Broward schools deploy bullying database

Schools get tough on bullies

(Miami Herald) – Broward has become the first Florida school district to put in place a new anti-bullying policy before year’s end, as required by law.

Starting this week, Broward schools are rolling out a new computerized system for reporting and tracking bullying. State lawmakers passed a measure earlier this year requiring all districts adopt comprehensive anti-bullying policies by December.

The Florida Department of Education will use Broward’s policy as a model for the state’s 66 other school districts.

In Miami-Dade County, a 2006 anti-bullying and violence program requires schools to offer a comprehensive curriculum for all grades, widespread training for administrators and counselors, and working to make it clear that bullying won’t be tolerated.

To meet the new state standards, Miami-Dade officials said that they also are working on a clear, uniform definition of bullying and standards for dealing with the problem. The new definition and standards will be included in updated school manuals.

Spurred by parents and School Board members, Broward already had begun working on its own guidelines while lawmakers wrestled with a broader policy.

”Our board and our parents said we need to take action now,” Broward School Superintendent Jim Notter said.

The Broward school district now defines bullying as “systematically and chronically inflicting physical hurt or psychological distress.”

The policy includes more than traditional schoolyard name-calling, teasing and shoving. Now, even behavior over the Internet — or social networking — can count if it affects students in school.

Once reported, administrators will began tracking the behavior, looking for patterns of abuse.

Students are not the only ones protected. The policy applies equally to adult employees.

The data will be available electronically, so administrators can easily see if a particular student or adult might be a habitual bully.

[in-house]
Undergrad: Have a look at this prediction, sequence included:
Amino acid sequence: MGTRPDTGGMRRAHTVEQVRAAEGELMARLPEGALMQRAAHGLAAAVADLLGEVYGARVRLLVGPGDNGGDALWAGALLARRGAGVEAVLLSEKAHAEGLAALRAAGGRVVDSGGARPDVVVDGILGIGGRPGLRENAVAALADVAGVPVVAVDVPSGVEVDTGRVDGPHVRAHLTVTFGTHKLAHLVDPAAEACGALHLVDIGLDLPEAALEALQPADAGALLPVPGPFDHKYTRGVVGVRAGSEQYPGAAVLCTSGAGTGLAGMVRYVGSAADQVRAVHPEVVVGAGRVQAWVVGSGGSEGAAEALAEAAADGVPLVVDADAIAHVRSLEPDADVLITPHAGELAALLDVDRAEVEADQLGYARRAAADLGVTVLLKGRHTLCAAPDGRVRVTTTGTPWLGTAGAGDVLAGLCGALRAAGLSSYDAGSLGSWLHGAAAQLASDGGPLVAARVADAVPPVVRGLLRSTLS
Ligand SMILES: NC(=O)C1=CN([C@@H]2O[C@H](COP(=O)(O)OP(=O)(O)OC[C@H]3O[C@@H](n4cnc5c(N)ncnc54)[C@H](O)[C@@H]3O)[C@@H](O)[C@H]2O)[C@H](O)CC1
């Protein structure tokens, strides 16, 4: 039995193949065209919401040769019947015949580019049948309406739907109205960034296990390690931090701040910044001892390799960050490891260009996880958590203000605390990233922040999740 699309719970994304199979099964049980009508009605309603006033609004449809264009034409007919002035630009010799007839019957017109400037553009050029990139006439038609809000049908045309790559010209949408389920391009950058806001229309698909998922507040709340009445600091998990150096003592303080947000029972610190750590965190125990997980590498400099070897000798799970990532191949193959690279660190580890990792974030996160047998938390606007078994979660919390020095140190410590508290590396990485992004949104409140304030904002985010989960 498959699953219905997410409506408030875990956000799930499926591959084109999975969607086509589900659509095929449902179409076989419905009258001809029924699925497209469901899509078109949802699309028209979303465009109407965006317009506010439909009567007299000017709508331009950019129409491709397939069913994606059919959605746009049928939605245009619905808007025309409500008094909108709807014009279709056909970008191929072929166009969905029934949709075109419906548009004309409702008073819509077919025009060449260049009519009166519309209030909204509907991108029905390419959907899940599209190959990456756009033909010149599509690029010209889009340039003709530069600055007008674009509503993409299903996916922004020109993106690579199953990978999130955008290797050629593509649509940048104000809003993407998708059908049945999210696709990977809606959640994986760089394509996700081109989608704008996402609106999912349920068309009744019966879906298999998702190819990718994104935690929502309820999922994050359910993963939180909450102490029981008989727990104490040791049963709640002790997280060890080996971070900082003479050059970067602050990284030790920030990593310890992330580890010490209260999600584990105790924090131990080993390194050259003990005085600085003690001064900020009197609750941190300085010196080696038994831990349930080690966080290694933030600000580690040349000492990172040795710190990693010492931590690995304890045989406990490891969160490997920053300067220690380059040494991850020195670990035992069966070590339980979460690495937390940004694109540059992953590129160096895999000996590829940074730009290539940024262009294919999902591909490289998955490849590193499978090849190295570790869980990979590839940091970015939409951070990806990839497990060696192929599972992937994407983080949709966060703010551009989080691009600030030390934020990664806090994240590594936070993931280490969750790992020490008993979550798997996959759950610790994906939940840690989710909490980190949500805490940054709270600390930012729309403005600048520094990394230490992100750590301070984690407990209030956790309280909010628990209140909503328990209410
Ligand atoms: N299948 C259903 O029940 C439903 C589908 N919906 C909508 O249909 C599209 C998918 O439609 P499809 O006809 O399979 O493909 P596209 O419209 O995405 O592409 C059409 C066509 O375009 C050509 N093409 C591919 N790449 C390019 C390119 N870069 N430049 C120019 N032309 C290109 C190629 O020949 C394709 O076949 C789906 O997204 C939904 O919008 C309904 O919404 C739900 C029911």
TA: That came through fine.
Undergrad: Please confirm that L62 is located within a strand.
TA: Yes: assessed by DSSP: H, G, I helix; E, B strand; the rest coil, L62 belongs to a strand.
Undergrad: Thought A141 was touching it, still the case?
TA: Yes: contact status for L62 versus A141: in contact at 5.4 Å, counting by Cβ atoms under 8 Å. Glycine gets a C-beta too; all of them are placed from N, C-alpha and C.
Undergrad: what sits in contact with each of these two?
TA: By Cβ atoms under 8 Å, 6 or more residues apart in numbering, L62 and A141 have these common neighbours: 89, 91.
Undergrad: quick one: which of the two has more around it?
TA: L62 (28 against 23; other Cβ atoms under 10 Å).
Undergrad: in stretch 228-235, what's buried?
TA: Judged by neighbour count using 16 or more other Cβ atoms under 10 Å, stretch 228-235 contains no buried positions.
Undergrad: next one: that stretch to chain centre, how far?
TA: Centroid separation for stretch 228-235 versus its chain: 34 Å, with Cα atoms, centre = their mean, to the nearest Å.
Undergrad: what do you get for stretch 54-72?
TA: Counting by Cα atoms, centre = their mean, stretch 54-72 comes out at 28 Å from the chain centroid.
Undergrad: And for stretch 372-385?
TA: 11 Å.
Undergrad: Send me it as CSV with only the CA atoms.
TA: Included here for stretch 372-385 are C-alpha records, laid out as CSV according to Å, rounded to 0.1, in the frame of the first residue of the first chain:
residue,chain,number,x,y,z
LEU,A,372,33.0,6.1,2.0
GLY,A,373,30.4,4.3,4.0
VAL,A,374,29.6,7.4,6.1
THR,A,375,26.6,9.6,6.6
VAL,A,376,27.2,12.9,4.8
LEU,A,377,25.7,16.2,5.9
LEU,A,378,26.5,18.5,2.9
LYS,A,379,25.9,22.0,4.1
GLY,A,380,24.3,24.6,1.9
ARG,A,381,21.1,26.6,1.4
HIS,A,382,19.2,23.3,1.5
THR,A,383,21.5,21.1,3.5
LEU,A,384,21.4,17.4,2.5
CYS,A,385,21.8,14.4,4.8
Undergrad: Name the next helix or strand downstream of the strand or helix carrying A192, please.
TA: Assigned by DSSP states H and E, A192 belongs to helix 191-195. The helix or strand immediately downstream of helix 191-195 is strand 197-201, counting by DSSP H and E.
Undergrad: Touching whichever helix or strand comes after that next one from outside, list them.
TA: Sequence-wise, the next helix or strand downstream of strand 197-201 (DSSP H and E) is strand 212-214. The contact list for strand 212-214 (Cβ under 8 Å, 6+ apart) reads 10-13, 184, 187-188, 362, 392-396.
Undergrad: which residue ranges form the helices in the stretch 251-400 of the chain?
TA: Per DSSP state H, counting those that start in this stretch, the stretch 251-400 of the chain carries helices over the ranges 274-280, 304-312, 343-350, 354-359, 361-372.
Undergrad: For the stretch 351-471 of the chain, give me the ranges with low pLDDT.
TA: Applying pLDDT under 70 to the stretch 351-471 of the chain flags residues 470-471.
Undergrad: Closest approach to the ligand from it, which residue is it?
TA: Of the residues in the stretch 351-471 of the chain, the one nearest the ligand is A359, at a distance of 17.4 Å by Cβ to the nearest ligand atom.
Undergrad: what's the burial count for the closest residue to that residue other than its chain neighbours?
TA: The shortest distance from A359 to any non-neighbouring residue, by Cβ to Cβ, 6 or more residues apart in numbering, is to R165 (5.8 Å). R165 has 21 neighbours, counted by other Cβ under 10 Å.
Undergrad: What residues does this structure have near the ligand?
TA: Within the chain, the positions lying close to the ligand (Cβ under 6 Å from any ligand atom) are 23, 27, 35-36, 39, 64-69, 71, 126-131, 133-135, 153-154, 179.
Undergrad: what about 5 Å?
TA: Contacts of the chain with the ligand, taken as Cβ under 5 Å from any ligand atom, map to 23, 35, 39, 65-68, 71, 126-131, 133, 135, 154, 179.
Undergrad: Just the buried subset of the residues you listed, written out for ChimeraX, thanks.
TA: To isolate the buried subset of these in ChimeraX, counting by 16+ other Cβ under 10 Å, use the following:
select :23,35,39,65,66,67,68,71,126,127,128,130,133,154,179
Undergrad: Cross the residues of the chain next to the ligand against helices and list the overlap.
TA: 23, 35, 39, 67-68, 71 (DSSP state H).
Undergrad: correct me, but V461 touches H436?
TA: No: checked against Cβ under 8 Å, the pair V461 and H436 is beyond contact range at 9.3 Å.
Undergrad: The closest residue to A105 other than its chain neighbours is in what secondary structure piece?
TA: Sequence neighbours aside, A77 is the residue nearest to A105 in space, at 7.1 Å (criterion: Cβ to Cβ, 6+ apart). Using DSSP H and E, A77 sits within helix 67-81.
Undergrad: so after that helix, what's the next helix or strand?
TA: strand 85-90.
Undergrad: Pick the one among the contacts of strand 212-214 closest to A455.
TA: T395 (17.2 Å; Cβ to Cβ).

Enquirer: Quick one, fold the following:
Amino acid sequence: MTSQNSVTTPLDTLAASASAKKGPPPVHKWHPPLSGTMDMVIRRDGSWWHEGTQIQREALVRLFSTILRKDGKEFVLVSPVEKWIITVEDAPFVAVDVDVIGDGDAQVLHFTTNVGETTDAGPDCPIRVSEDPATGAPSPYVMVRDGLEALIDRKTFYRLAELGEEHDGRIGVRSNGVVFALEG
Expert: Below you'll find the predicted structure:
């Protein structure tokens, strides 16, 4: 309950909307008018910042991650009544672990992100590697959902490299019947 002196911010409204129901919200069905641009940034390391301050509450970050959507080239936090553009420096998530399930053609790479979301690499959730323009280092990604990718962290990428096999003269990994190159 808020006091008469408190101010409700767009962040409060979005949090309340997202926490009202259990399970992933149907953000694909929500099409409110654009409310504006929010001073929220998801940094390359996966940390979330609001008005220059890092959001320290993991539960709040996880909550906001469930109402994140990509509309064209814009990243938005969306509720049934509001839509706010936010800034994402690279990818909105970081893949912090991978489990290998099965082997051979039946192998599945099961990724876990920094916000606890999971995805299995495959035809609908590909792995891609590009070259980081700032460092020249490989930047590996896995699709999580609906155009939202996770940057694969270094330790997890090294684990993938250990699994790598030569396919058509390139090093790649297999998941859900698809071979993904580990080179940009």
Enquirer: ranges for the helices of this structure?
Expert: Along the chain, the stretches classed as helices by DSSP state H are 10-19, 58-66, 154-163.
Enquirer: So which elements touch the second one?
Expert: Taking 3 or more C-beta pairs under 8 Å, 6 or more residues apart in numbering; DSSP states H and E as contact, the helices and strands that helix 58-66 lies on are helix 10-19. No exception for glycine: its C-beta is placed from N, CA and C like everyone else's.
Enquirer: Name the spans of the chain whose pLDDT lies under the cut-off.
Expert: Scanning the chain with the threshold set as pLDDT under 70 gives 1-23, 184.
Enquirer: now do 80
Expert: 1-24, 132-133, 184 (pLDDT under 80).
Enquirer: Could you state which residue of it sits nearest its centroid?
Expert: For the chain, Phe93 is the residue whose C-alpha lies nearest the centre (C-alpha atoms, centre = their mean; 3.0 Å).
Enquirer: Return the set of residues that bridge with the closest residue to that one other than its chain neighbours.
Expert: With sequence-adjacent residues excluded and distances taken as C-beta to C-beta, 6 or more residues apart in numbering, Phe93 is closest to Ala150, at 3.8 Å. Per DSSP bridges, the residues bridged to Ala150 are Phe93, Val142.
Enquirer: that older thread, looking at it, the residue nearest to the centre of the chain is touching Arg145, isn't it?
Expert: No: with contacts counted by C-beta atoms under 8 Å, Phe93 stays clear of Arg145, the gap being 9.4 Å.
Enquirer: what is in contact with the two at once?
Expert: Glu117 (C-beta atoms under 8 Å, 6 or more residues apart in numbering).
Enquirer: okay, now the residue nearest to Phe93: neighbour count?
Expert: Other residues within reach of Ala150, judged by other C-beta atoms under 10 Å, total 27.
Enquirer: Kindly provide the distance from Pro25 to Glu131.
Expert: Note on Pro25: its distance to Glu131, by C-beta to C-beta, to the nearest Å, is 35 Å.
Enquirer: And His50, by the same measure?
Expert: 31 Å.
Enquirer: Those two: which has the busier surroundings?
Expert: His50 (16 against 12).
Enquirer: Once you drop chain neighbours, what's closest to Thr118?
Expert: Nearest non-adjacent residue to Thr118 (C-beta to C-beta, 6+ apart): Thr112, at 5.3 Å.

”Bullying has become almost epidemic nationally,” Notter said. “When you see something like that rise to that level, you do go back to your own school system and see if it’s happening here.”

Broward schools have worked to prevent bullying for years, said Amalio Nieves, health curriculum specialist for the district.

”What the policy does is help formalize the process,” he said. ‘What’s been happening for a long time is a lot of people saying, `Oh, that’s just teasing.’ ”

Now, with a unified definition of bullying and a new reporting system, the school system will be able to come up with better measures to prevent bullying.

Such measures could include peer counseling, parent conferences or guidance counselor referrals, Nieves said.

He emphasized that the policy was not meant to be punitive but to educate and to help change a culture that supports teasing and other forms of bullying in school.

The new changes may result in a spike in reports of bullying, and the public should brace for that, said Shelly Heller, a parent who worked with Broward schools to design the policy.

”It may be discomforting, but people have to be accountable,” she said. “Bullying is very dangerous.”

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